On this day in the middle of winter, the windmills at Kinderdijk were still. We'd come during the brief "off-season" from the end of December to mid-February when it's closed. Only a handful of people passed us on the trail. It was a stunning and desolate landscape, but peaceful beyond the explaining of it. It was as if we'd been sucked back in time, transported into an oil painting from the 1700s.
Kinderdijk UNESCO World Heritage Site is located in a "polder," a marshy area that has been drained of water. As much of the country is seven meters below sea level, the Dutch had to develop methods of reclaiming land for development and agriculture. Overall, there are about 3,000 polders in the Netherlands. You can see why the English say, "God created the world but the Dutch created Holland."
A ridiculously scenic collection of 19 pumping windmills from the 18th century can be found at Kinderdijk. It's a significant part of Dutch history because these windmills helped this area stay above water. It's also a testament to the perseverance and ingenuity of the Dutch people.
Sometimes it's easy to forget that the Netherlands is a country stolen from the water and powered by the wind. Ask someone what they know about "Holland," and in our experience, they'll tell us about Amsterdam and how deliciously seedy they imagine it to be. They might know about bikes or canals or cheese. They might know about windmills.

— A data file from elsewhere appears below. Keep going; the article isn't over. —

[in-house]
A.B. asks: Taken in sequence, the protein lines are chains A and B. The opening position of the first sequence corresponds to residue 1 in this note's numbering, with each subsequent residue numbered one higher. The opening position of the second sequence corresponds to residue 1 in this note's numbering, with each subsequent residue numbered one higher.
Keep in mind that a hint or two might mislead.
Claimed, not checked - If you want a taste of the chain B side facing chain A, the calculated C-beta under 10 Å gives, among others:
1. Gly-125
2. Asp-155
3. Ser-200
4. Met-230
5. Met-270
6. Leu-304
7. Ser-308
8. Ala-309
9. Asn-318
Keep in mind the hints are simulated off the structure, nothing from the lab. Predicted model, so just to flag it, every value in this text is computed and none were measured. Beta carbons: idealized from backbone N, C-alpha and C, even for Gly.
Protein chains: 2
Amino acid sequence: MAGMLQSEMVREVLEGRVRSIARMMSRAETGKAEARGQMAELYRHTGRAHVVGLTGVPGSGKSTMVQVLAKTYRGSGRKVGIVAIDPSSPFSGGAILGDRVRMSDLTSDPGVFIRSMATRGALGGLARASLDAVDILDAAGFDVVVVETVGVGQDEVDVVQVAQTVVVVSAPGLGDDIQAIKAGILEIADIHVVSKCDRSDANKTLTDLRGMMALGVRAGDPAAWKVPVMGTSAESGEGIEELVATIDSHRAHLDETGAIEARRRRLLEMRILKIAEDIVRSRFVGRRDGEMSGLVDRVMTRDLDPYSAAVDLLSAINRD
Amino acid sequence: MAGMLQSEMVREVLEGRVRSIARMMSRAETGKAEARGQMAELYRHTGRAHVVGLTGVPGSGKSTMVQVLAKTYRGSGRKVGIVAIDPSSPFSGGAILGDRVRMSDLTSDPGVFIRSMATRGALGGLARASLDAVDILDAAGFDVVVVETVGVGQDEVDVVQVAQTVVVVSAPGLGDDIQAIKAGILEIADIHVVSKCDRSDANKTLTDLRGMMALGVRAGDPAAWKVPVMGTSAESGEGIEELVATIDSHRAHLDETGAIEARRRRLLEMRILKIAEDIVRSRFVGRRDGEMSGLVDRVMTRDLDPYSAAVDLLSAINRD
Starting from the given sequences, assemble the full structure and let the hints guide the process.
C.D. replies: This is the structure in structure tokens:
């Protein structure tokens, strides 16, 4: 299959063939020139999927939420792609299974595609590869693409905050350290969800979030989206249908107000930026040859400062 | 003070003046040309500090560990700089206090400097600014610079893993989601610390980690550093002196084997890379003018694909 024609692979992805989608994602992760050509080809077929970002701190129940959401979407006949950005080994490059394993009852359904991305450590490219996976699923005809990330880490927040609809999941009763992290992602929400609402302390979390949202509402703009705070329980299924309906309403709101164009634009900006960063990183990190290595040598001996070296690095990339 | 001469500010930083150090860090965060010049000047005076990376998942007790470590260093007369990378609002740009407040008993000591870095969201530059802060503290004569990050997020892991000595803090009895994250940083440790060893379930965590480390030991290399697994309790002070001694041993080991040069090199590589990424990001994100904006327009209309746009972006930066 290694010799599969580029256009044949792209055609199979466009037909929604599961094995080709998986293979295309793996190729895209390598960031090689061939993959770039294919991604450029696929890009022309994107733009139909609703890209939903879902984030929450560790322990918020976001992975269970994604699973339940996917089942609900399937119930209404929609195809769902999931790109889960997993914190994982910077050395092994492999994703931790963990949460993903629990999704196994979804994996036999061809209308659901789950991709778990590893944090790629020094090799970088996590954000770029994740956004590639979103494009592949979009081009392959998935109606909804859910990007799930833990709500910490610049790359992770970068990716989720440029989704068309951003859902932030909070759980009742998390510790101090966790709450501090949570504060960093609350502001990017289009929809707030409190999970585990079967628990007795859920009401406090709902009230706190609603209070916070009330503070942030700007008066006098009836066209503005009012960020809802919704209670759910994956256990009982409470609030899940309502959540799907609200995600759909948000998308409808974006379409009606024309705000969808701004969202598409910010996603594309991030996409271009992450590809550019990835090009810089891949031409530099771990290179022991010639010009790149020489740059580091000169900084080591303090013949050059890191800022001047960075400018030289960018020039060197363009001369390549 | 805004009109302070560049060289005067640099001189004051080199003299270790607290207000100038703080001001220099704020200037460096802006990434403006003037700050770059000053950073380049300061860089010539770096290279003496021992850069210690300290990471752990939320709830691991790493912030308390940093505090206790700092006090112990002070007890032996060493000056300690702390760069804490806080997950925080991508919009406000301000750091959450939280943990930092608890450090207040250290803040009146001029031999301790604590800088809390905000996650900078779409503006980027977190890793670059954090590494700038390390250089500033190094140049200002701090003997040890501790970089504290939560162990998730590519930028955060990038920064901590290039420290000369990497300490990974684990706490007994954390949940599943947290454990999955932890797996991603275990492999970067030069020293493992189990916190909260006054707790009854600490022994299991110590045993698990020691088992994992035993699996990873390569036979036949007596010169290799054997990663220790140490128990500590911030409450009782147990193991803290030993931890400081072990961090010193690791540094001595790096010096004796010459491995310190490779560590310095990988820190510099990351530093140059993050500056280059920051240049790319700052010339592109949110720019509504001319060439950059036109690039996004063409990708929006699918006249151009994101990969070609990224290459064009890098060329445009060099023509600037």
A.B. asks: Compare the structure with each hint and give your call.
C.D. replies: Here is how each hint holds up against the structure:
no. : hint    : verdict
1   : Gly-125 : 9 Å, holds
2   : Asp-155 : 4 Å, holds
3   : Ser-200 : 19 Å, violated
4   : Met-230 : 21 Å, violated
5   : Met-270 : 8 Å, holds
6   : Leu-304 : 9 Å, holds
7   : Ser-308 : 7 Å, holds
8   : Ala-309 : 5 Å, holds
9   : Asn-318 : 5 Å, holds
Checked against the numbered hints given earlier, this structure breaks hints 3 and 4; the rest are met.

The Netherlands we know today is cute and charming and kitschy. Kinderdijk (when it's open) offers all of that, and all the ins and outs of windmill technology too. But the stillness of Kinderdijk in the off-season brings home the desperate struggle to keep its land from disappearing under water. In the not-so-distant past, windmills meant much more to this country than a pretty picture. Perhaps the best time to come here is when it's just you and the windmills and the wind whistling in your ears.
Kinderdijk made me appreciate how the battles between wind and water and the human spririt have shaped the Netherlands. Much like in Canada, the climate and geographical conditions of the Netherlands have cultivated strength, resilience and resourcefulness in its people.
When you leave, you'll realize you took a piece of the Netherlands with you, something strong and proud that keeps you standing tall. Fearless against the gusting wind and rising waters, you've got this.